(w) Kevin Eastman, David Avallone (a) Ben Bishop (c) Brittany Peer, Tomi Varga
The Teenage Mutant Ninja Turtles hold a very special place in pop culture, having landed at the perfect time and making their co-creators, Kevin Eastman and Peter Laird, very wealthy gentlemen. Despite the success of their collaboration, the two ultimately had a falling out not too dissimilar to that of Spider-Man’s co-creators Stan Lee and Steve Ditko. For a while, Laird was the property’s shepherd, keeping the comics alive through the (still unfinished) fourth volume at Mirage Studios and being actively involved in the 2003 animated series, but he has since followed Ditko’s path of becoming increasingly reclusive. On the other hand, Eastman has been the TMNT’s vocal cheerleader and public face for decades. However, that role has come at the cost of his own creative output. An original Kevin Eastman property is a rare thing, but thanks to collaborators David Avallone, Ben Bishop, and Brittany Peer, readers get to experience something different in Drawing Blood.
While Drawing Blood is marketed as “the story behind the stories,” readers shouldn’t go into this expecting a recap of Eastman’s experiences in creating the TMNT and the problems sudden success may have caused him personally. Yes, the main character – Shane “Books” Bookman – bears an uncanny resemblance to Mr. Eastman, until the man himself makes a cameo. But like Eastman, he is a successful comic creator who spawned a billion-dollar franchise about anthropomorphic heroes, among other amusing anecdotes. With that said, Drawing Blood ends up being a surrealist thriller that borrows from some of Eastman’s real life experiences, but fully stands on its own.
This is a very difficult book to actually review, because many of the events seem ridiculous at first, only for them to be based on real events. There’s the controversy of a “gritty” movie adaptation that changes the origin of the Radically Rearranged Ronin Ragdolls (the stand-in for the TMNT) from mutants to aliens, which sounds familiar. There’s the movie producer Morgan Harbor, who is clearly meant to be Michael Bay. There’s mention of the old-school indie comics, a “kidified” animated series, and so forth. The mission statement of Books’ publisher, Tundra Productions, mirrors Eastman and Laird’s Mirage Studios, as well as Eastman’s work in pushing for creators’ rights. But unlike Eastman and Laird, Books’ life is perpetually unraveling.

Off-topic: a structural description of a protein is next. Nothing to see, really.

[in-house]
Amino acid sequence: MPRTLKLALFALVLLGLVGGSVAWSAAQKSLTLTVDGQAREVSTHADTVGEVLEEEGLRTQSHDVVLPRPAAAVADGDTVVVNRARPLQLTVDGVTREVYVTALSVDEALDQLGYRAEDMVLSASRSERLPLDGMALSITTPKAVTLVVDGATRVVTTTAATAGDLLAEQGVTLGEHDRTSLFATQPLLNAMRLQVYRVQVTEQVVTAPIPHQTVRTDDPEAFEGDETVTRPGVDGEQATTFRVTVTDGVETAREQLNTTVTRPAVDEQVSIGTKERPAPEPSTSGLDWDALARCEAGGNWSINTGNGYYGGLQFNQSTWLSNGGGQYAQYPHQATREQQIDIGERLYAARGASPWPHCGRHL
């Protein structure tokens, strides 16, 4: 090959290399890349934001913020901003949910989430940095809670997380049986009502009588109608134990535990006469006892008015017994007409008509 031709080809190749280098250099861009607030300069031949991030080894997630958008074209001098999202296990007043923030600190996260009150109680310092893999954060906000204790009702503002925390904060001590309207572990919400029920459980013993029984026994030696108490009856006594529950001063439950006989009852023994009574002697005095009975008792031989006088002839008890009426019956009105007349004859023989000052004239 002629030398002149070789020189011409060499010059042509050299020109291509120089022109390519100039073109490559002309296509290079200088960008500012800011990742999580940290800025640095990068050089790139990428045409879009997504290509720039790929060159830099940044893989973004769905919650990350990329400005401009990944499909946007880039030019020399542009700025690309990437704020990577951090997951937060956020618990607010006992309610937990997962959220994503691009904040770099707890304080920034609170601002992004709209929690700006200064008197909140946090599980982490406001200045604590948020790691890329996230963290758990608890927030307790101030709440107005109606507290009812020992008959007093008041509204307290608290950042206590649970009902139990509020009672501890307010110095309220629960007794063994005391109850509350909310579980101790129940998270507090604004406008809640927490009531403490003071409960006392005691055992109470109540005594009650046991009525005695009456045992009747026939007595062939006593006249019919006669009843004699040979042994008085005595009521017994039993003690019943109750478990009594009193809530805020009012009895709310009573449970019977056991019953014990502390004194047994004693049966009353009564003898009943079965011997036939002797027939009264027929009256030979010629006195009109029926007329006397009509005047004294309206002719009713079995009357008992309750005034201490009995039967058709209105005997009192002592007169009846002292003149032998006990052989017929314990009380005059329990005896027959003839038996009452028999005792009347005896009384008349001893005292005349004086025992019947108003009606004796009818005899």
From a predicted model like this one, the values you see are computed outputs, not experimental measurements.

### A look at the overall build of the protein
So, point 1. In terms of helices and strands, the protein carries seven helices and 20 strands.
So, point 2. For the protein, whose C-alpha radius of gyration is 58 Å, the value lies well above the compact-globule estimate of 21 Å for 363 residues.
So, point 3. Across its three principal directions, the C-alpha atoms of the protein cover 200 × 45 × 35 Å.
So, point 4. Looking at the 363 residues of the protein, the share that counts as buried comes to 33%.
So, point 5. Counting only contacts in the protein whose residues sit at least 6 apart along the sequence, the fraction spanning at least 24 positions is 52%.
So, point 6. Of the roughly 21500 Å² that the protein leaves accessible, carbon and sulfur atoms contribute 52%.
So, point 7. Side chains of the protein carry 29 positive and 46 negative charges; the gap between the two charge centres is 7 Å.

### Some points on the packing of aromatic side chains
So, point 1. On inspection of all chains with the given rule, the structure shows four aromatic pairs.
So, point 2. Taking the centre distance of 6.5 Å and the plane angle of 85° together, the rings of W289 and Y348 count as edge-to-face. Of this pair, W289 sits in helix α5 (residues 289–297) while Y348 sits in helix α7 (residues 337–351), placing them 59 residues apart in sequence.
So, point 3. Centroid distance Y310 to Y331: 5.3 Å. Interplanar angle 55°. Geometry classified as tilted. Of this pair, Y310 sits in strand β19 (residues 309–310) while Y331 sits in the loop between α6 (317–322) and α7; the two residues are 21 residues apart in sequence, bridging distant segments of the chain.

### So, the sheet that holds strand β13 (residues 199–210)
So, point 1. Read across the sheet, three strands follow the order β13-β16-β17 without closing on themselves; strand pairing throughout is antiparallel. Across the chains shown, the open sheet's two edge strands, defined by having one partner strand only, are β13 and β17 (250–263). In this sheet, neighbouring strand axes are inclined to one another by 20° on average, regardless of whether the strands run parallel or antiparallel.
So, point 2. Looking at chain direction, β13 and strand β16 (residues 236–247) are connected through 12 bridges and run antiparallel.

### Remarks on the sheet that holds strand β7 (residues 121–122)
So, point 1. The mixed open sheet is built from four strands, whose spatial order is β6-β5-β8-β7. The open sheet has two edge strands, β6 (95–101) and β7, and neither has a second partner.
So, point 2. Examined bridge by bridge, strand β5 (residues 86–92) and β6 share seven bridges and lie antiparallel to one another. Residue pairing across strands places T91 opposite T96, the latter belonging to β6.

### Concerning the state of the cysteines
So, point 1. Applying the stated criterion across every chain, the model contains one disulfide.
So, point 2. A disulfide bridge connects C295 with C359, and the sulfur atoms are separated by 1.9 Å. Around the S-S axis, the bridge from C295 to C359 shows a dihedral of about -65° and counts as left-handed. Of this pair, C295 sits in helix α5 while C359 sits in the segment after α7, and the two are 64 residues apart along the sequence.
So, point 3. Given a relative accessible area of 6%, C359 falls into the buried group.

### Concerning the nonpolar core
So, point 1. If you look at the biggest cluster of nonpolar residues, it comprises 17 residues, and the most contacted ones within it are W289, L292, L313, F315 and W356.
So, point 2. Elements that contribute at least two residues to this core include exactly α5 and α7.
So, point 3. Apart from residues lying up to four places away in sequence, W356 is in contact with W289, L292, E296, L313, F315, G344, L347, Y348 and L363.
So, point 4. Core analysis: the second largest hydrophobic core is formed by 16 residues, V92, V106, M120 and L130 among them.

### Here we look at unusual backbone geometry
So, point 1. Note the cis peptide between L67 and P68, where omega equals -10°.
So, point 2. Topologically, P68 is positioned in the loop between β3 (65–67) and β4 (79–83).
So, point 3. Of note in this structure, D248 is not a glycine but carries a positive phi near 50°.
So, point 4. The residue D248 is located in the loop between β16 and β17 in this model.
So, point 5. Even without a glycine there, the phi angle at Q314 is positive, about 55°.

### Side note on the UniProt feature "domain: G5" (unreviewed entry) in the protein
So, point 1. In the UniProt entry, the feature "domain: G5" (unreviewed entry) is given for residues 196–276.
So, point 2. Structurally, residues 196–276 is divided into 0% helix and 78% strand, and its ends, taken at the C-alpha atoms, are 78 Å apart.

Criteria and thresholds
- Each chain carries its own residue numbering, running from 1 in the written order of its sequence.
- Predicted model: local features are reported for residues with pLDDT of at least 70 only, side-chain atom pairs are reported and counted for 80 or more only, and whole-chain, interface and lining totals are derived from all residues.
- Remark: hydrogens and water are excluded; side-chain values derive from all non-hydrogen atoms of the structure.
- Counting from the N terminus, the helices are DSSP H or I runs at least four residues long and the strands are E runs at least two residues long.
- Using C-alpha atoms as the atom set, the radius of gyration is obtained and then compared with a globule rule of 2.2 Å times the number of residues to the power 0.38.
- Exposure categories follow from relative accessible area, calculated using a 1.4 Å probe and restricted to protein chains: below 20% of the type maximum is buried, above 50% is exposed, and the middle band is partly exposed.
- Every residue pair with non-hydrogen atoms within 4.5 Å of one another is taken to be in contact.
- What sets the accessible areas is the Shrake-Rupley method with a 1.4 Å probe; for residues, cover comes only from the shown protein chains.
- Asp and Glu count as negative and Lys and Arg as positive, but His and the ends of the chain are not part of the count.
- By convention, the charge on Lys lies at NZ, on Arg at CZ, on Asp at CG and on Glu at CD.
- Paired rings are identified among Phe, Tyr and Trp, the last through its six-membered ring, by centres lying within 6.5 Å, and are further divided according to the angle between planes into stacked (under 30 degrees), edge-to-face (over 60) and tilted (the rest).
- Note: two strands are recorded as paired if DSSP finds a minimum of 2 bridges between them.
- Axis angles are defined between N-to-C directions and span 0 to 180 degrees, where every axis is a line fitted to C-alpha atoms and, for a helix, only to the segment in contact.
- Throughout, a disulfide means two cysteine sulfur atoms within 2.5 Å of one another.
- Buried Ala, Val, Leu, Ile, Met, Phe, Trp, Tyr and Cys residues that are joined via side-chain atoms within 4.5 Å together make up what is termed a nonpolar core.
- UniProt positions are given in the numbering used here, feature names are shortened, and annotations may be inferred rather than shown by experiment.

From toxic relationships to failing endeavors, Books seems to be on a spiral towards an psychological rock-bottom. At the center of Drawing Blood is his Broadway adaptation of the classic film Metropolis, which is plagued by a variety of setbacks. Funny enough, this fiasco is eerily reminiscent of another high-profile Broadway disaster, Spider-Man: Turn Off the Dark. Throughout the story, Books is accompanied a pair of documentary filmmakers – one of which is dress conspicuously like April O’Neil from the 1987 TMNT series. Their presence allows Books to confess his feelings and drop some exposition to the reader in a manner that differs from the typical dialogue boxes. It also allows the reader to better identify with Books, demonstrating his vulnerability and fragile state. This in turn allows readers to better identify with Books as he embarks on his emotional journey.
It’s a good thing that the groundwork of readers to identify with Books is laid early, because there are several instances when the story goes off the rails, and it’s not always for the better. There are flashbacks to various moments in Books’ life that that further flesh out his character and give perspective to what drives his decision-making. Throughout, he often refers to the RRRR as his co-creation, which is a nice touch. And then there are the moments when Books is completely off his rocker, hallucinating his billion-dollar creations and having conversations with them. For a story that is so intent on being grounded, this is so out of place and just doesn’t fit. It’s a shame, because otherwise the story is very good. But these moments of hallucinations are sprinkled throughout, meaning readers are frequently taken out of the narrative.
Drawing Blood is a book that largely satisfies, held back by its desire to shoehorn in some anthropomorphic characters that have been a significant part of Kevin Eastman’s career. The art by Ben Bishop, Brittany Peer, and Tomi Varga is fantastic, and David Avallone does a great job in providing polish to the story that he and Eastman developed. If not for a couple minor things, this first volume of Drawing Blood would be great. But for now, it’s just a good read, which isn’t the worst thing in the world.